“There’s something magical that happens with a movie on a big screen,” says Vince Turner, the director of the Claremont 5 Second Film Festival, which screened at the Laemmle Theater Thursday night. “Something that draws you in. No matter how good the movie actually is.”
It's the pursuit of this magic that inspired Turner to found the festival in 2008. In its first incarnation, Turner and his co-founders were “scrambling” to find submissions. Turner chalks this up to unsuccessful advertising. “Turns out if you put a notice out in the paper, people won’t necessarily read it,” Turner laughs. However, in its second year, the festival quickly came into its own and had an impressive roster of short films to showcase at the Laemmle Theater.
“I really couldn’t imagine another festival in the area having a stronger roster of films last year,” Turner said.
The festival’s success last year largely came from Turner’s decision to solicit entries from professional filmmakers. “We sought out submissions from people who we know are good,” Turner explained. He and the other organizers followed this approach again this year.
Ethan Grossman PO ’14, one of the interns for this year's festival, was directly involved with this process.
“There are thousands of short films online,” Grossman said, adding that his job was to find “interesting, unique shorts with high production values.” However, as anyone with even minimal experience with YouTube will attest, “there are a lot of pretty bad films out there.” The trick, Grossman said, was to search “good sites that posted high quality shorts, such as thedoorpost.com,” and to research various international film festivals' short film nominations over the last two years. “Once I found a film that looked interesting, I’d watch it online and then contact the director or the producer, or both.”
Grossman’s method worked wonders for this year’s festival. The films that were shown included Mitchell Rose’s Deere John, which won first prize at the Portland International Film Festival, among other awards; Kirsten Lepore’s Bottle, which won Best Animation at the Arizona Film Fest; Rob Pearlstein’s Our Time Is Up, which was an Academy Award nominee for Best Live Action Short Film; and Luke Matheny’s God of Love, which won the Academy Award for Best Live Action Short Film—Matheny’s ecstatically energetic and earnest acceptance speech were arguably the highlights of this year’s ceremony.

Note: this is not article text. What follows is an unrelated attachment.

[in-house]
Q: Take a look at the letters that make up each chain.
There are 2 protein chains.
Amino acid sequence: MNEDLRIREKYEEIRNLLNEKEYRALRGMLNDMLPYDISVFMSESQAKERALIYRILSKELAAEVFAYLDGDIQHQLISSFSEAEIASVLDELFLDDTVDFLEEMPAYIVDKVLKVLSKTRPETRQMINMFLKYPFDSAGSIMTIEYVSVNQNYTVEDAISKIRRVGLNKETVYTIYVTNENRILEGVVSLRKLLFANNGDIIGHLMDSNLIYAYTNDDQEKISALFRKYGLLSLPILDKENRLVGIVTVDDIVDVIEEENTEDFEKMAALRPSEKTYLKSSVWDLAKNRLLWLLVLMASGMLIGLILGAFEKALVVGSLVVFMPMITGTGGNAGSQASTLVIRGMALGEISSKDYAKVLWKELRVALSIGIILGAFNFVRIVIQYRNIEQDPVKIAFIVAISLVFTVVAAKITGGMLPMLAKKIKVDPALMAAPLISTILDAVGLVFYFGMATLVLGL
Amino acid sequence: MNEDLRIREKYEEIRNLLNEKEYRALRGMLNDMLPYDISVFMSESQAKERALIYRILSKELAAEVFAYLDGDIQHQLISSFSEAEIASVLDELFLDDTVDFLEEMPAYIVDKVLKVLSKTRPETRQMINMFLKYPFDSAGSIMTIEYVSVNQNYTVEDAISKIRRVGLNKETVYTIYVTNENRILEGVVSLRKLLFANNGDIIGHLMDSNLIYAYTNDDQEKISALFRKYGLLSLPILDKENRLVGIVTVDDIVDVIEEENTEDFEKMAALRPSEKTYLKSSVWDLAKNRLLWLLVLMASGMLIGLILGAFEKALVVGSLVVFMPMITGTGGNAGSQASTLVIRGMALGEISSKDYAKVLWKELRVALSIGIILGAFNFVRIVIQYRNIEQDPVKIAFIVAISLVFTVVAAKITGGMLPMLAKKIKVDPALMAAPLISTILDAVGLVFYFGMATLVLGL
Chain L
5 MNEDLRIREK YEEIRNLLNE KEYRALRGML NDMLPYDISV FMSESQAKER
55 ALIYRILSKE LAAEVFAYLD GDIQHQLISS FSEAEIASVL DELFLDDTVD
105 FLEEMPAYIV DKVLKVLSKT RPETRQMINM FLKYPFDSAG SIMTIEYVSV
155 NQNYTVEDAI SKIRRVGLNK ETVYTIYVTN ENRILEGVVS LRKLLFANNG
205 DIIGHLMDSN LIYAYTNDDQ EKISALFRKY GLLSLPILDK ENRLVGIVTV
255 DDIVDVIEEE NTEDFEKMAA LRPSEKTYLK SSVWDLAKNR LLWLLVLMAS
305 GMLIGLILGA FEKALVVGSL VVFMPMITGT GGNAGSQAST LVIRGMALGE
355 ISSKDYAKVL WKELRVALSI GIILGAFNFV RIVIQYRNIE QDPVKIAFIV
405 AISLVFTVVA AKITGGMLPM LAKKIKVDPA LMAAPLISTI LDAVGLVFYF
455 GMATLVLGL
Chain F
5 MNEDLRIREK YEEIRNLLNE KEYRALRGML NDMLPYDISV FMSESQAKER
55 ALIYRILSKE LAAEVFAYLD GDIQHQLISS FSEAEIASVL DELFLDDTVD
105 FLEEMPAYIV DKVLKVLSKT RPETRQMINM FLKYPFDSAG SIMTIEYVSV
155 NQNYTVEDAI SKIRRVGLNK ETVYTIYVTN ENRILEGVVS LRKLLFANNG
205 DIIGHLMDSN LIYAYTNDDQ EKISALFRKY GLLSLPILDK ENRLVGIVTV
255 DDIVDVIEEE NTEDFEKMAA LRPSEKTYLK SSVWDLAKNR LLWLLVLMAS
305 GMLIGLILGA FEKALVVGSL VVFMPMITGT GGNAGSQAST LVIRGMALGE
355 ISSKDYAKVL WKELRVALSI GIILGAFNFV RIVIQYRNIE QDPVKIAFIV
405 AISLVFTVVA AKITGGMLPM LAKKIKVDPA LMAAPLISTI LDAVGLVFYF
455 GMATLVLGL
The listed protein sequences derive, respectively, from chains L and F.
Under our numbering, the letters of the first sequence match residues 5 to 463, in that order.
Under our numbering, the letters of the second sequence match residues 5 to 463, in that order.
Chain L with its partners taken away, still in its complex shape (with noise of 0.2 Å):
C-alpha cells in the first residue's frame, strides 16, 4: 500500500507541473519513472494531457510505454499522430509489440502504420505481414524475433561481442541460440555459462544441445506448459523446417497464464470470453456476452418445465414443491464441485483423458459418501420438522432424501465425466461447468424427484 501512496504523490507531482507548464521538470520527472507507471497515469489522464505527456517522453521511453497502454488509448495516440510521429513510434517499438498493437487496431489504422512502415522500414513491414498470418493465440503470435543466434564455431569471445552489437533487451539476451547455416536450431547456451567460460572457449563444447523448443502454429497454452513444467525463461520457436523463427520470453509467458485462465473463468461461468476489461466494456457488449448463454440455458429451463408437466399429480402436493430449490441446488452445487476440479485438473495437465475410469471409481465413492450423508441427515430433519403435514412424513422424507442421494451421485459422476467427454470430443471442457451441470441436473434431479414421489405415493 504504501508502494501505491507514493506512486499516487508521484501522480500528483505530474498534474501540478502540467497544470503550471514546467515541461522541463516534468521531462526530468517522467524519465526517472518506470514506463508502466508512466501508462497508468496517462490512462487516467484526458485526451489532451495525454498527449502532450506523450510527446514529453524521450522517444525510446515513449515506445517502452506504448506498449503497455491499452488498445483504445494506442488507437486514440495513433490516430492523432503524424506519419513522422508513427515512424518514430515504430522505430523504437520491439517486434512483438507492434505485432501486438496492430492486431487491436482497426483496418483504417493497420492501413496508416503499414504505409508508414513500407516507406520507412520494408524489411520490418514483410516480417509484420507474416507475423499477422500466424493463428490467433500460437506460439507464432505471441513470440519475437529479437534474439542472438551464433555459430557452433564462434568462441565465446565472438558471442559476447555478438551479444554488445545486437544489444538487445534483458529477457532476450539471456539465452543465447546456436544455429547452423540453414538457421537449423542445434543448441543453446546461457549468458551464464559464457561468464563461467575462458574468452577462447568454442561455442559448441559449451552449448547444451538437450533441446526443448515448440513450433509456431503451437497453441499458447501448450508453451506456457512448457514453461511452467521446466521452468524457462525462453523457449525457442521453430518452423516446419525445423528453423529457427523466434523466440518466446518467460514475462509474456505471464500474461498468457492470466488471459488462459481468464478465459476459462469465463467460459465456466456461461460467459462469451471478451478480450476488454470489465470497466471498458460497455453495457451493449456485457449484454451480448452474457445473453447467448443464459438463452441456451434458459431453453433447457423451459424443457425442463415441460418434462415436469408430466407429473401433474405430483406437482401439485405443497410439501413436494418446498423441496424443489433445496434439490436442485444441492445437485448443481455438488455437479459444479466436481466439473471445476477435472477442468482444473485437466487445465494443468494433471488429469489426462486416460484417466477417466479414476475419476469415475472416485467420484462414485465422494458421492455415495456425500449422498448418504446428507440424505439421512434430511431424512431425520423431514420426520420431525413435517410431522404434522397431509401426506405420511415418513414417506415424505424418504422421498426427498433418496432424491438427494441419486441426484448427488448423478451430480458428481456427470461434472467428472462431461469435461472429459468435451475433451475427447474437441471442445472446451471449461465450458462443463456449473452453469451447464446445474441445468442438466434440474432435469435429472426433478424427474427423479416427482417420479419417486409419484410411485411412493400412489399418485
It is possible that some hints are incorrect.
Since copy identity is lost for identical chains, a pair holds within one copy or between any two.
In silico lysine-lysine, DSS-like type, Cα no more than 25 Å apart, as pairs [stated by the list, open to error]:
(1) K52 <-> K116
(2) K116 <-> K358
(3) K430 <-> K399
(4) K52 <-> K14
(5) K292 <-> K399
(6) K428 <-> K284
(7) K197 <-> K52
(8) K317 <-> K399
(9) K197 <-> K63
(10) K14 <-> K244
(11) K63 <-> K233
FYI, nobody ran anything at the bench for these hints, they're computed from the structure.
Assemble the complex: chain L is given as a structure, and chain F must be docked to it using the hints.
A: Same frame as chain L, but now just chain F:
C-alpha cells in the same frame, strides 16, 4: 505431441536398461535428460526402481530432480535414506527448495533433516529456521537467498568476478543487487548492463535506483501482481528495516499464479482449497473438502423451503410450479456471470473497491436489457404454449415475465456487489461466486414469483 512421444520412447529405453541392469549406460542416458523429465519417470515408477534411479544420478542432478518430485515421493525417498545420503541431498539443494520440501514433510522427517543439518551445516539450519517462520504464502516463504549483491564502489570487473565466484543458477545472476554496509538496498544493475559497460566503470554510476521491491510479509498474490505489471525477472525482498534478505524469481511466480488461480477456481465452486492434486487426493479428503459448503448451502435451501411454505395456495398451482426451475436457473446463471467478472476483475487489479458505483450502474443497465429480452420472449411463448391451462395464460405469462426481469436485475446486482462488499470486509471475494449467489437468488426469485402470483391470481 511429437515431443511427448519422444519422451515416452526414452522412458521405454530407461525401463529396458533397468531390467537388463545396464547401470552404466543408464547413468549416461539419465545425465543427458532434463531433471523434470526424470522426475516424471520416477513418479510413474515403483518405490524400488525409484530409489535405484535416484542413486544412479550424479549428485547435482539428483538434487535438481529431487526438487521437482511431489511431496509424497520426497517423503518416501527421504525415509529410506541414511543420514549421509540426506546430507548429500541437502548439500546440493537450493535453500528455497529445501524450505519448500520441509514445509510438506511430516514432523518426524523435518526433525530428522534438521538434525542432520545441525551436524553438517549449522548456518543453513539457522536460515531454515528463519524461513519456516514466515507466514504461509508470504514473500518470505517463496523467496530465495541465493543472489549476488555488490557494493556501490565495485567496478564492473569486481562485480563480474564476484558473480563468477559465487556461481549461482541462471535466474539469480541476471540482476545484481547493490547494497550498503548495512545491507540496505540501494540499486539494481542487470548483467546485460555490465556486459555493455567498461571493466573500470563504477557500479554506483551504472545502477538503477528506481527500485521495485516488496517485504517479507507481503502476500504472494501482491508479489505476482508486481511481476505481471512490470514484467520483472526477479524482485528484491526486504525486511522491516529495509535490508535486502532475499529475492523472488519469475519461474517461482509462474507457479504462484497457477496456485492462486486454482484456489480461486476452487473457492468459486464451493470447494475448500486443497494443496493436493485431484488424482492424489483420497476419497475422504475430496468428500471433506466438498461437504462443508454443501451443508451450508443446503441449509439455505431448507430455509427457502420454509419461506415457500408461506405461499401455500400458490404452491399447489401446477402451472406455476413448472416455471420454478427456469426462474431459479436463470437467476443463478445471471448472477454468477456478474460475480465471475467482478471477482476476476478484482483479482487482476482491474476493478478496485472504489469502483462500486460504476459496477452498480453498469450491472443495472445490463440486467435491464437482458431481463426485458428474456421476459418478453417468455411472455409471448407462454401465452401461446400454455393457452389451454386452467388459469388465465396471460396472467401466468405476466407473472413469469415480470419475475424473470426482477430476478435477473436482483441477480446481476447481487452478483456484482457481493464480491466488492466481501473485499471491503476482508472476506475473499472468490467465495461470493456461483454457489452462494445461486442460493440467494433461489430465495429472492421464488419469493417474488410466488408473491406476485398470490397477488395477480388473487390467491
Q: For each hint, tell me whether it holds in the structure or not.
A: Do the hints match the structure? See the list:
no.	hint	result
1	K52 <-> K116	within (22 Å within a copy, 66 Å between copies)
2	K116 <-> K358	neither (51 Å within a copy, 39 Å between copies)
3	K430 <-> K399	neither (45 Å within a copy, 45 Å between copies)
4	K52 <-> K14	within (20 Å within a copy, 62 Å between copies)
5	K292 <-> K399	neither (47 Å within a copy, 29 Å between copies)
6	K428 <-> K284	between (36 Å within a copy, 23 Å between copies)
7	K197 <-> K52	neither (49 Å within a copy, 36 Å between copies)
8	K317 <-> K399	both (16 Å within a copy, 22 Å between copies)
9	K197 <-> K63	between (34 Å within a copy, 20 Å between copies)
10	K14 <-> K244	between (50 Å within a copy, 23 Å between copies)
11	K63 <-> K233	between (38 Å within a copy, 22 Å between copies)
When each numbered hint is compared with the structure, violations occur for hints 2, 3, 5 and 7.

Yet finding compelling films was only the first step in assuring a successful festival; Grossman was one of many 5C students who worked in all aspects of the festival’s organization, from planning events to social media management.
“We [did] things like write grant requests, contact corporations for sponsorships, plan educational seminars, organize other events, and sometimes just chores around the office,” said Ari Mygatt PO ’13, another festival intern.
“We’re so close to LA, the hub of the film industry. But we’re also in this sophisticated, intellectual collegiate environment, and there’s a tremendous opportunity at hand to merge the two worlds with this festival,” Turner said.
Both Turner and the interns agreed that the festival was a mutually beneficial endeavor. Turner believes that the interns were an integral part of securing the grants and sponsorships, and—as the impressive submission roster shows—the films themselves. “Students have power with these kinds of things. People want to talk to students,” he said.
As for the students themselves: “Working on a film festival a quarter of a mile from my dorm is as ideal an internship as it gets,” Mygatt said.
Grossman seconded this sentiment, saying as a film enthusiast, it was nice to incorporate this passion into his day-to-day life “without having to venture into Hollywood as a freshman without a car.”